The World Health Organization on Monday declared that a surge in serious birth defects in South America was "strongly suspected" of being caused by the Zika virus and constituted an international health emergency.
"We need to take action," WHO chief Margaret Chan told reporters in Geneva.
The UN health body said that a surge in cases of microcephaly — a devastating condition in which a baby is born with an abnormally small head and brain — was likely caused by the mosquito-borne Zika virus and declared the situation a "public health emergency of international concern."
Chan said a meeting of global health experts who make up the agency\’s emergency committee had agreed "a causal relationship between the Zika infection during pregnancy and microcephaly is strongly suspected, though not scientifically proven."
"All agree on the urgent need to coordinate international efforts to investigate and understand this relationship better," she said.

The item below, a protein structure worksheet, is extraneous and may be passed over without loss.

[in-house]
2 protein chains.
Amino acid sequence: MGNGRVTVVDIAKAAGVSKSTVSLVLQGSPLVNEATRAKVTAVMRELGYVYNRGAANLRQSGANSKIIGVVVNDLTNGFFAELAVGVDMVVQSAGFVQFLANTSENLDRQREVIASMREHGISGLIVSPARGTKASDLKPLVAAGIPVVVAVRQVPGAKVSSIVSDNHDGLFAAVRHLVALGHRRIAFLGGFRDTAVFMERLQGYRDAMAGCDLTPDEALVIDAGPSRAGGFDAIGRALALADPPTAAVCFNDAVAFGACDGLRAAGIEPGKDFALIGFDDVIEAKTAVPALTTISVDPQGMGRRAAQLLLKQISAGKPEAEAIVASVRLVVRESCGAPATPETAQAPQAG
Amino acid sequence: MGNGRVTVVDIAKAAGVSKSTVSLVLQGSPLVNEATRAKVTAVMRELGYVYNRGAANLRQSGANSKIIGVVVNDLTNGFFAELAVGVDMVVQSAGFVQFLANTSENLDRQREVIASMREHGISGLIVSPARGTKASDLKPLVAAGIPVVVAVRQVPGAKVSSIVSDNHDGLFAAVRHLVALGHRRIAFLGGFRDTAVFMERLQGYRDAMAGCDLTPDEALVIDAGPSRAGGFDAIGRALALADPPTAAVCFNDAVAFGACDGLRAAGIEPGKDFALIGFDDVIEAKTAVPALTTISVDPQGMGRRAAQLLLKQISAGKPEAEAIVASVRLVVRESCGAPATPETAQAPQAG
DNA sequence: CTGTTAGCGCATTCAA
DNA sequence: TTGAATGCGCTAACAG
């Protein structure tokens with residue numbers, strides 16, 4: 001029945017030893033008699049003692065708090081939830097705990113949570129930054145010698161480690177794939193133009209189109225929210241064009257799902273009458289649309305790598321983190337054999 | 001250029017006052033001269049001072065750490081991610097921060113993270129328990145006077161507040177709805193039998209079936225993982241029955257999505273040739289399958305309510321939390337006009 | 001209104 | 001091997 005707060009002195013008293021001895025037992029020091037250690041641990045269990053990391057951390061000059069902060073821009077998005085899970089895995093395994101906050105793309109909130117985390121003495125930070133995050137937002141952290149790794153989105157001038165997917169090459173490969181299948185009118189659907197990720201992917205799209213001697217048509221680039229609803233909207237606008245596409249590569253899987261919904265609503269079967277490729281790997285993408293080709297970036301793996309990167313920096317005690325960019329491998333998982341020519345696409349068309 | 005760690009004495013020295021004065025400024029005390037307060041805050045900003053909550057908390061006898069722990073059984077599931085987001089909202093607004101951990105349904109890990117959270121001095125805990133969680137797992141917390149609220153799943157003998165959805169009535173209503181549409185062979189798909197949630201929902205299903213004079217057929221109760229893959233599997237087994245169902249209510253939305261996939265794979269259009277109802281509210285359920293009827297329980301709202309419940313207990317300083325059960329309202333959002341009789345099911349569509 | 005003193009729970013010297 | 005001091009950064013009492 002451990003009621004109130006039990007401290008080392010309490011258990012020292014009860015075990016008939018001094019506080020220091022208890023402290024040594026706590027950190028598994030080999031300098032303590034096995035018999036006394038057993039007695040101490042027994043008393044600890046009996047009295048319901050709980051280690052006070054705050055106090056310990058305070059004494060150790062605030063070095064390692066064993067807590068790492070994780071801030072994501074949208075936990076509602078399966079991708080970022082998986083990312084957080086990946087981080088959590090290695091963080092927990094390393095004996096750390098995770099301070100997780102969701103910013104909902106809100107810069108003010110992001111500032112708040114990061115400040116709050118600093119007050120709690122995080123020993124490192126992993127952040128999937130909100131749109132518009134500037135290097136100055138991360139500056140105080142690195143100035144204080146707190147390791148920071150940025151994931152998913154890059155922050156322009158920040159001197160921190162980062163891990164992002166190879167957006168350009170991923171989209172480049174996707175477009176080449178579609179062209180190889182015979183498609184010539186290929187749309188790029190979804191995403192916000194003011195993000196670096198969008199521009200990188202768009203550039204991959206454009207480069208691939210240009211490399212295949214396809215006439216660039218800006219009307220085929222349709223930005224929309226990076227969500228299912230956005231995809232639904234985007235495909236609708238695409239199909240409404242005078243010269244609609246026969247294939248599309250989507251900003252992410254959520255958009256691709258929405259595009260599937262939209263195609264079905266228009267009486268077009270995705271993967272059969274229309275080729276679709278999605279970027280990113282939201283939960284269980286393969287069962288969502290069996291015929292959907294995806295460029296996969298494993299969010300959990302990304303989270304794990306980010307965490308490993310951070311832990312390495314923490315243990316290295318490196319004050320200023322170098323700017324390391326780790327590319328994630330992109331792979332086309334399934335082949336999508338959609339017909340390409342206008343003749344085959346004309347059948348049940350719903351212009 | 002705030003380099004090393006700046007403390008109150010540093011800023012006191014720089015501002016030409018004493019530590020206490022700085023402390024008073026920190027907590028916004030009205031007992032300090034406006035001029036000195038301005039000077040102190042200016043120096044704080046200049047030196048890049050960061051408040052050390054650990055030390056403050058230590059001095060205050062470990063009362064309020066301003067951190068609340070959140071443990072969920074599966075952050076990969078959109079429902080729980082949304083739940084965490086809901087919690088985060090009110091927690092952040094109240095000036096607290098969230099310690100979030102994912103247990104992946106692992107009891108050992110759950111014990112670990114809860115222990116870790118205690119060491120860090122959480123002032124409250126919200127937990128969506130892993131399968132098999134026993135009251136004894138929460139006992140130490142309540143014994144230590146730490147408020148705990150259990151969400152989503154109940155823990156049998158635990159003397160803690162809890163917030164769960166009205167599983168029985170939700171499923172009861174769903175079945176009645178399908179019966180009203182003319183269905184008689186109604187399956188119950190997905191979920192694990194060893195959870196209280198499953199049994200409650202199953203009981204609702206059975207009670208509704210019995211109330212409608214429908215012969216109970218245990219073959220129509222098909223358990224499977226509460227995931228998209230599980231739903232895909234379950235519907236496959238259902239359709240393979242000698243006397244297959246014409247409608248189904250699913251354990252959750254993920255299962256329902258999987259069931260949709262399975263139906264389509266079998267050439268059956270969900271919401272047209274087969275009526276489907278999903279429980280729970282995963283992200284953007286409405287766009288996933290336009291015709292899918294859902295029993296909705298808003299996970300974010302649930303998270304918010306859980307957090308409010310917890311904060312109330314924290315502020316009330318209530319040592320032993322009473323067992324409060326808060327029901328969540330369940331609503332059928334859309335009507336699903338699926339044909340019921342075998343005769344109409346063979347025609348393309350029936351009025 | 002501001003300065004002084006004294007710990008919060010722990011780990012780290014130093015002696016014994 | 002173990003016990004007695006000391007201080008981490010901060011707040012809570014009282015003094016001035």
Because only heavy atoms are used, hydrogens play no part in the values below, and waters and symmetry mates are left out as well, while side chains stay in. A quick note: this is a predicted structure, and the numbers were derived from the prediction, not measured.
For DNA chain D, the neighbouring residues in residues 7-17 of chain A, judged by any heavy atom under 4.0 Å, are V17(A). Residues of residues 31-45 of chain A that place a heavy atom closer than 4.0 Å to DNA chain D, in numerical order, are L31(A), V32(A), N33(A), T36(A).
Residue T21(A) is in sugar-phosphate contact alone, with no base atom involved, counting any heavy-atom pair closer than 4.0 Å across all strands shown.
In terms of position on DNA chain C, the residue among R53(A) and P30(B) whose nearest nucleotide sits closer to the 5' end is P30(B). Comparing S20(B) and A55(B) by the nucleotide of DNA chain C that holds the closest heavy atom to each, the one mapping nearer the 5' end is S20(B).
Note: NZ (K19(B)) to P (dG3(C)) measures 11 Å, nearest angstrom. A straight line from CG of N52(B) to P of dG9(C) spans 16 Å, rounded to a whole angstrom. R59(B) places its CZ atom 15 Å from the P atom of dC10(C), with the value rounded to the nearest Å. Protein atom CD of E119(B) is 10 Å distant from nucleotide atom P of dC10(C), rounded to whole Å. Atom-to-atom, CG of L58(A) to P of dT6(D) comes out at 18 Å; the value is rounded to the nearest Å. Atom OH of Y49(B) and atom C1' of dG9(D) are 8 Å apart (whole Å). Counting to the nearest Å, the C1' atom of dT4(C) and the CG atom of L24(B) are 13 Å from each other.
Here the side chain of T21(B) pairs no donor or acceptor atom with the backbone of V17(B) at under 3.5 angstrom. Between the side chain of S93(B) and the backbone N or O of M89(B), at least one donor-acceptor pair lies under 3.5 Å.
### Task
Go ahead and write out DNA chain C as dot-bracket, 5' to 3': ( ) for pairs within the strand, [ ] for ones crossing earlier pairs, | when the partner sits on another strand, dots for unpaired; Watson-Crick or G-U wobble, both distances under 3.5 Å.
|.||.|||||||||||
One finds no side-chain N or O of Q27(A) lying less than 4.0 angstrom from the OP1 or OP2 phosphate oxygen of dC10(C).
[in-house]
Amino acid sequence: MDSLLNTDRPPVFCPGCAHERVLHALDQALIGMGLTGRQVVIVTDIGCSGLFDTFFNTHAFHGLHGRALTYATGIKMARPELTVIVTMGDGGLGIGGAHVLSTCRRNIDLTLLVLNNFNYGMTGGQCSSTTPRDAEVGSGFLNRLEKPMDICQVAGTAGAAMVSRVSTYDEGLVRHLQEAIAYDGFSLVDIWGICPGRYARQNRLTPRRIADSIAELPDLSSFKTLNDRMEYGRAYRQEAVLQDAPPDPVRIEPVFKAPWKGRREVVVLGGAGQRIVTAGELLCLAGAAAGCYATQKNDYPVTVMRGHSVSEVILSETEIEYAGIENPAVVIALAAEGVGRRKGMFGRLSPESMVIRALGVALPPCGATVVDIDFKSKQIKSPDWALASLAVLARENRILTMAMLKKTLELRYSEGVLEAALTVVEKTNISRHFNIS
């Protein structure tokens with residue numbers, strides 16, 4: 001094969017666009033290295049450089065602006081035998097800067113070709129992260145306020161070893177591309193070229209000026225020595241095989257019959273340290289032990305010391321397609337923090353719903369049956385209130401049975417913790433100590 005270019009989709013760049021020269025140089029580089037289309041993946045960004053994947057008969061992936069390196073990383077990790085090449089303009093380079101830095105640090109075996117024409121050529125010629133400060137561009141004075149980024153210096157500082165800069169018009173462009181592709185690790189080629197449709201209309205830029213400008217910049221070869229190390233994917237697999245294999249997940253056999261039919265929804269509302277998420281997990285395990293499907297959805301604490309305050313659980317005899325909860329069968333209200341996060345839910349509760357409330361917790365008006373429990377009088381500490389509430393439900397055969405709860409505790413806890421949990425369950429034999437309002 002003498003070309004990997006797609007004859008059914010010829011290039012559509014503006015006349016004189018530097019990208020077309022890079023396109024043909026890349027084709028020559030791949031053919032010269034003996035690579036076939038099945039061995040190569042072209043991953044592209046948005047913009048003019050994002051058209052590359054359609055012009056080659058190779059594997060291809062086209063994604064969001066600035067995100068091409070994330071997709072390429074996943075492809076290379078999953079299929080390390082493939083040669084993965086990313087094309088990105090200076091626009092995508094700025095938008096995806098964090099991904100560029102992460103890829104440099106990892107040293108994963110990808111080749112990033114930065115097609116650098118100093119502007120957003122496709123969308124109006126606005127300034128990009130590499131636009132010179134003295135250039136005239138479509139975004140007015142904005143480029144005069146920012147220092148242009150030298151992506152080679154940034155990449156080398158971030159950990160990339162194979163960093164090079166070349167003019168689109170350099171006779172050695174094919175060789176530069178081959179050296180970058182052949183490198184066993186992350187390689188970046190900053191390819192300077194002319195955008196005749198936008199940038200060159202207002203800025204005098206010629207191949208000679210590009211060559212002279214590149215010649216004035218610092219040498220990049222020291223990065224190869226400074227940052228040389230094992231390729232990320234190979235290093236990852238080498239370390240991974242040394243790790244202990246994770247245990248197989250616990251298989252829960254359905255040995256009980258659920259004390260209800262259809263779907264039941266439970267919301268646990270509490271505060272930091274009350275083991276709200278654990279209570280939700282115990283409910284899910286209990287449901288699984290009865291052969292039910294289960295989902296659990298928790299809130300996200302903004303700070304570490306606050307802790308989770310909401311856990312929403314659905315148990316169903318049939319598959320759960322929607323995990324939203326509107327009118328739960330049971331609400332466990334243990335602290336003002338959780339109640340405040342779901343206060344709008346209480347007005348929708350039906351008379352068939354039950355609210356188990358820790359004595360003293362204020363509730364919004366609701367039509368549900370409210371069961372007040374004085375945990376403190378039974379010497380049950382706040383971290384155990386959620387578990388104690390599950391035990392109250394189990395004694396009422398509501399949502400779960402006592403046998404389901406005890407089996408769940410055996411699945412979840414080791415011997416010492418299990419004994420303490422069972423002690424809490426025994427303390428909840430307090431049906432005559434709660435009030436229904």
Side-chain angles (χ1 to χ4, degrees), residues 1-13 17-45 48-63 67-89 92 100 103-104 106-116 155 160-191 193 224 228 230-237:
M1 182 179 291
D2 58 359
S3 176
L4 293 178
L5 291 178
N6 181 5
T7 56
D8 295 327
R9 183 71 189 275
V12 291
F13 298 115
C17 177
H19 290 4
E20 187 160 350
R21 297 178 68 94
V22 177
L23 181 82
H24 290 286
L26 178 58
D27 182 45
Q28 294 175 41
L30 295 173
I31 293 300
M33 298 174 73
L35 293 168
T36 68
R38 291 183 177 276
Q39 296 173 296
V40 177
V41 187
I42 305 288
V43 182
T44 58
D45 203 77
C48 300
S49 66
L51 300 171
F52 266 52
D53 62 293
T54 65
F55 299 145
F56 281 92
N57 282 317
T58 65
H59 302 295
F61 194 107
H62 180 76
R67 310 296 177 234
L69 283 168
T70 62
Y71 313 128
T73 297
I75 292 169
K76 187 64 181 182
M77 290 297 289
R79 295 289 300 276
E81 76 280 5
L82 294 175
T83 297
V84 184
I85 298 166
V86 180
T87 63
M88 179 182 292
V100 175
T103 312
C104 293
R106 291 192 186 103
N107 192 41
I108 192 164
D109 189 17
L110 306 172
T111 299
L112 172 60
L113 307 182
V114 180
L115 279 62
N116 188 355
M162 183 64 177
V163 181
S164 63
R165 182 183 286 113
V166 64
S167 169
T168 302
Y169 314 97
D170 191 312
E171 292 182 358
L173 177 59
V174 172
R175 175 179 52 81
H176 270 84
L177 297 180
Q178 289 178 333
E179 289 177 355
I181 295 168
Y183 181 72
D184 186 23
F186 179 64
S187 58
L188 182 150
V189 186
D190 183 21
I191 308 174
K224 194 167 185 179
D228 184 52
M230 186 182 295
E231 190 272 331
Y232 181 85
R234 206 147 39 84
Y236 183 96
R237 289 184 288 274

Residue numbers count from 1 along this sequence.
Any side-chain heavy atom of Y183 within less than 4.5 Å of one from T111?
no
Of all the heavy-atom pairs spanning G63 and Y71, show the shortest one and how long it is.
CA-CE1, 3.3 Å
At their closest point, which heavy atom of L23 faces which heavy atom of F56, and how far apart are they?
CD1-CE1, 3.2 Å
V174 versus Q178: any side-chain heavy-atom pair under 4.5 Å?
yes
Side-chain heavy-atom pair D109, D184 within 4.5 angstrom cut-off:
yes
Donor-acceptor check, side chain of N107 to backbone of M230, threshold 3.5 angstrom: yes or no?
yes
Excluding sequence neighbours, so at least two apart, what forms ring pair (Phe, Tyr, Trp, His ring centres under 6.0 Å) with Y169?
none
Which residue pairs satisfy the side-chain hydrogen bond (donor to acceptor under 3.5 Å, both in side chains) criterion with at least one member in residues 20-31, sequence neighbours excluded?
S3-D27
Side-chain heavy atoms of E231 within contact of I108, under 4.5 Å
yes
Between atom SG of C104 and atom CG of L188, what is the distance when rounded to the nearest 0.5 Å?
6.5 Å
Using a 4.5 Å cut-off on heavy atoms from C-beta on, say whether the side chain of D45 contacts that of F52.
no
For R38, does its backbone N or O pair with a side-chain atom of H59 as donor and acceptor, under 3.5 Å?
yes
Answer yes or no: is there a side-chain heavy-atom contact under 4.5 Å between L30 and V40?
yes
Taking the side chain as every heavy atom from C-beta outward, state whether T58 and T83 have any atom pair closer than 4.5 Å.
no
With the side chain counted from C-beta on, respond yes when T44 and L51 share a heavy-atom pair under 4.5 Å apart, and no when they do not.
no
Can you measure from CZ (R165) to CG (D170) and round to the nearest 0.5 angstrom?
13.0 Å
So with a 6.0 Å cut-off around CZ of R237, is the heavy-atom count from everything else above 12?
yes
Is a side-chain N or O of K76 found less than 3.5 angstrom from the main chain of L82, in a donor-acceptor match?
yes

"The experts also consider patterns of recent spread and the broad geographical distribution of the mosquito species that can transmit the virus, the lack of vaccines and rapid and reliable diagnostic tests and the absence of population immunity in newly affected countries were … further causes for concern," Chan said.
"The clusters of microcephaly and other neurological complications constitute an extraordinary event and a public health threat to other parts of the world," she said.
WHO warned last week that the mosquito-borne virus was "spreading explosively" in the Americas, and said the region could see up to four million Zika cases this year alone.
The WHO is under pressure to act quickly in the fight against Zika, after admitting it was slow to respond to the recent Ebola outbreak that ravaged parts of west Africa.
In addition to microcephaly, Zika is also believed to be linked to a neurological disorder called Guillain-Barre syndrome.
The virus is transmitted by the Aedes aegypti mosquito, which also spreads dengue fever and the chikungunya virus. It produces flu-like symptoms including a low-grade fever, headaches, joint pain and rashes.
WHO has so far refrained from issuing travel warnings related to Zika, stressing that the most effective form of prevention is getting rid of stagnant water where mosquitos easily breed, and using personal protection against mosquito bites such as using repellant and sleeping under mosquito nets.